You are currently browsing the tag archive for the ‘Celestia’ tag.

sunset accross Europe, 4PM

I don’t remember what sparked the idea, but for some time I have been thinking about having a desktop background that showed the changing view of Earth from space; a geostationary position showing the approaching sunrise/sunset. I have seen a ‘Desktop DreamScene‘? that was something akin to what I was after, but I wanted to do this myself and slightly differently. In the end I think I ended up using the same or very similar software to achieve my effect.

Google Earth was my first port of call to source these images, but this was limited by the limited ability to take clean screenshots and inability to position the view off-centre. After more stumbling around the web I came accross NASA’s World Wind Java application. This is fantastic, the Blue Marble Next Generation images look fantastic, it is open source and can be developed in a multitude of ways and it can be scripted. The drawback is that the applet is supplied as a demo, my Java skills are virtually non-existant and after some time playing around and looking at other peoples work I had made very little progress. Then whilst watching some of the BBC Wonders of the Solar System series I began wondering what software they used to create the models. The BBC site pointed me towards Celestia. Another free offering, it has its own scripting language and lets the user explore the solar system in its known entirety.

Celestia has its own scripting language and an active user base who have generated many higher resolution image maps and other objects. I downloaded a night view and higher res day views, then created my own cloud cover png.

I adapted the scattering effect after reading a discussion about adapting night time views, I don’t know about realism, but I prefer the look offered by the following:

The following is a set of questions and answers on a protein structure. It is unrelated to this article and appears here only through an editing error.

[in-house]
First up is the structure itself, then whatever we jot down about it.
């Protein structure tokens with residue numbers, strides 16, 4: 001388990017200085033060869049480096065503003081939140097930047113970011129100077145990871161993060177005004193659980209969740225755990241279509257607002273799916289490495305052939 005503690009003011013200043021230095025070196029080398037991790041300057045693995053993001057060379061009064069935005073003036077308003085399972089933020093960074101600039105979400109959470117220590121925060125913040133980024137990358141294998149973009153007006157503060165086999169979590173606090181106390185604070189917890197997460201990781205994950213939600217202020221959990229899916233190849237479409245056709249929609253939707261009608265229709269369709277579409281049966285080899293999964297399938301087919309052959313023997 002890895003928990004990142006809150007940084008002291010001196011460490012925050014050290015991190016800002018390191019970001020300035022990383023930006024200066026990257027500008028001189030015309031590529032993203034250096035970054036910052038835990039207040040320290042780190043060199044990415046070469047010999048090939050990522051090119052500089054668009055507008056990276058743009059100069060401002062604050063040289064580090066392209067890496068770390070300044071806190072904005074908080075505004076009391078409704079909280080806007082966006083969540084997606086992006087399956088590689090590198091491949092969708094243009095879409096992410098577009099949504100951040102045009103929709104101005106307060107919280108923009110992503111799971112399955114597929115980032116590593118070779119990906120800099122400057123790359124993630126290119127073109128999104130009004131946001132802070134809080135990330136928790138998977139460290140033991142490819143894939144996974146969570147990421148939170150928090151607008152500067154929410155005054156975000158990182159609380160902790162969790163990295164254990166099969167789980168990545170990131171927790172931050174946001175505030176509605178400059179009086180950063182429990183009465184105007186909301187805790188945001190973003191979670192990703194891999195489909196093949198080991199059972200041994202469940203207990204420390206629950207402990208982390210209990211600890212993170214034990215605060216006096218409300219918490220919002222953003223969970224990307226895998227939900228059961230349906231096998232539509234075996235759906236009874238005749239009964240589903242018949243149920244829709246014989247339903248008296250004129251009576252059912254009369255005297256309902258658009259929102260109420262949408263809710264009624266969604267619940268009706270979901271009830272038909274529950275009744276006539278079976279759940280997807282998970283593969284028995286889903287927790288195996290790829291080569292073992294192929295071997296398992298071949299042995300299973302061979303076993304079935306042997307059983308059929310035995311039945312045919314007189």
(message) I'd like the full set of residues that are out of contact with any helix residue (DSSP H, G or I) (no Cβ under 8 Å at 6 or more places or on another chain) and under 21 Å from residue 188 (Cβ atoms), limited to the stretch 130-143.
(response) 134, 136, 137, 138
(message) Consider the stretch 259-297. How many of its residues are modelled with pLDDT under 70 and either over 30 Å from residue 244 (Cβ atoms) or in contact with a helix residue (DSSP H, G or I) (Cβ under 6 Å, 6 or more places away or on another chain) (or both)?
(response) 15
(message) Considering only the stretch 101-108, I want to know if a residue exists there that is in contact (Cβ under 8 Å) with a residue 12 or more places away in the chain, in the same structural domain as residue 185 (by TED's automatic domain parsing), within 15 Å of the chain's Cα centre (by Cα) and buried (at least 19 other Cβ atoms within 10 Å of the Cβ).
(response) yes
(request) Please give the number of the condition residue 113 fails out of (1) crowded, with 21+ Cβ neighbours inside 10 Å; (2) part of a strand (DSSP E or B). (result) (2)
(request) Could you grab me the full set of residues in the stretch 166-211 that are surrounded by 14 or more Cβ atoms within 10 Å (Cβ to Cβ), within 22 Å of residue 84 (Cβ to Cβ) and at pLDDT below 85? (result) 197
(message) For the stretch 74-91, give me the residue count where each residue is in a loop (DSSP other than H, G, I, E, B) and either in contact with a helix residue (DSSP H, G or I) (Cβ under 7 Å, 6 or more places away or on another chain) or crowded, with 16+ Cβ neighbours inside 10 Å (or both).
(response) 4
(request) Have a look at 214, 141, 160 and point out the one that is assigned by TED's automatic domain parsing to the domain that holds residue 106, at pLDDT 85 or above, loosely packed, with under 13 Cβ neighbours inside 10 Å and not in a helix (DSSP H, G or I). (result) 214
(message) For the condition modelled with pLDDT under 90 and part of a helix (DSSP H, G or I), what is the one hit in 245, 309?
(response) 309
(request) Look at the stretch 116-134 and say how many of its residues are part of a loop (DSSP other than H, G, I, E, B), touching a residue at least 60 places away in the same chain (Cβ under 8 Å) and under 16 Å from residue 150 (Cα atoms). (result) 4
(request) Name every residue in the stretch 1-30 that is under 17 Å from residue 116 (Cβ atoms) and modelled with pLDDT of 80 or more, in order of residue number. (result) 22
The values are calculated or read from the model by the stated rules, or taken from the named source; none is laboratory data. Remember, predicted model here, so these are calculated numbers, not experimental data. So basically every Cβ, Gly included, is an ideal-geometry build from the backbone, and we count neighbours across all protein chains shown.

Atmosphere
{
Height 60
Lower [ 0.43 0.52 0.65 ]
Upper [ 0.26 0.47 0.84 ]
Sky [ 0.40 0.6 1.0 ]
Sunset [ 1.0 0.6 0.2 ]
CloudHeight 7
CloudSpeed 65
CloudMap "earth-clouds.*"
# Mie 0.001
# MieAsymmetry -0.25
# Rayleigh [ 0.001 0.0025 0.006 ]
# MieScaleHeight 12
# my old values
## Mie 0.0005
## MieAsymmetry -0.15
## Rayleigh [ 0.00025 0.0009 0.0015 ]
## Absorption [ 0.00018 0.00005 0.0 ]
## MieScaleHeight 18
Mie 0.0050
MieAsymmetry -0.35
Rayleigh [ 0.0008121 0.0020775 0.00375 ]
Absorption [ 0.00057 0.0004 0.0 ]
MieScaleHeight 15
}

There is more work to do on the night lights, I can improve on what I currently have, but I have not had any luck using the Radiance Calibrated Lights: 1996-1997 from http://www.ngdc.noaa.gov/dmsp/download_rad_cal_96-97.html. This post and this one discuss creating texture maps, but I have not managed to do it. I will stick with what I have for now.

Version 1.6.1 of Celestia will allow the user to use a url directly in a script, but for now I set the view I would like to record then run a little script. The script increments the date and time and takes a series of screenshots. In this way I captured 288 images; images from midnight to midnight for the 15th Jan, 15th Feb etc. So I get a rougly accurate seasonal variation in sunlight. If I were really keen I would work out how to use the NASA Blue Marble monthly images so the snowline moves according to the season along with the sunlight, but then since all the snow seems to be melting anyway…

I use the images on my desktop background along with a little program wot I wrote to keep the images in sync with the local time. Below is the celx script i use in celestia.
To Use the Script: Read the rest of this entry »

Advertisements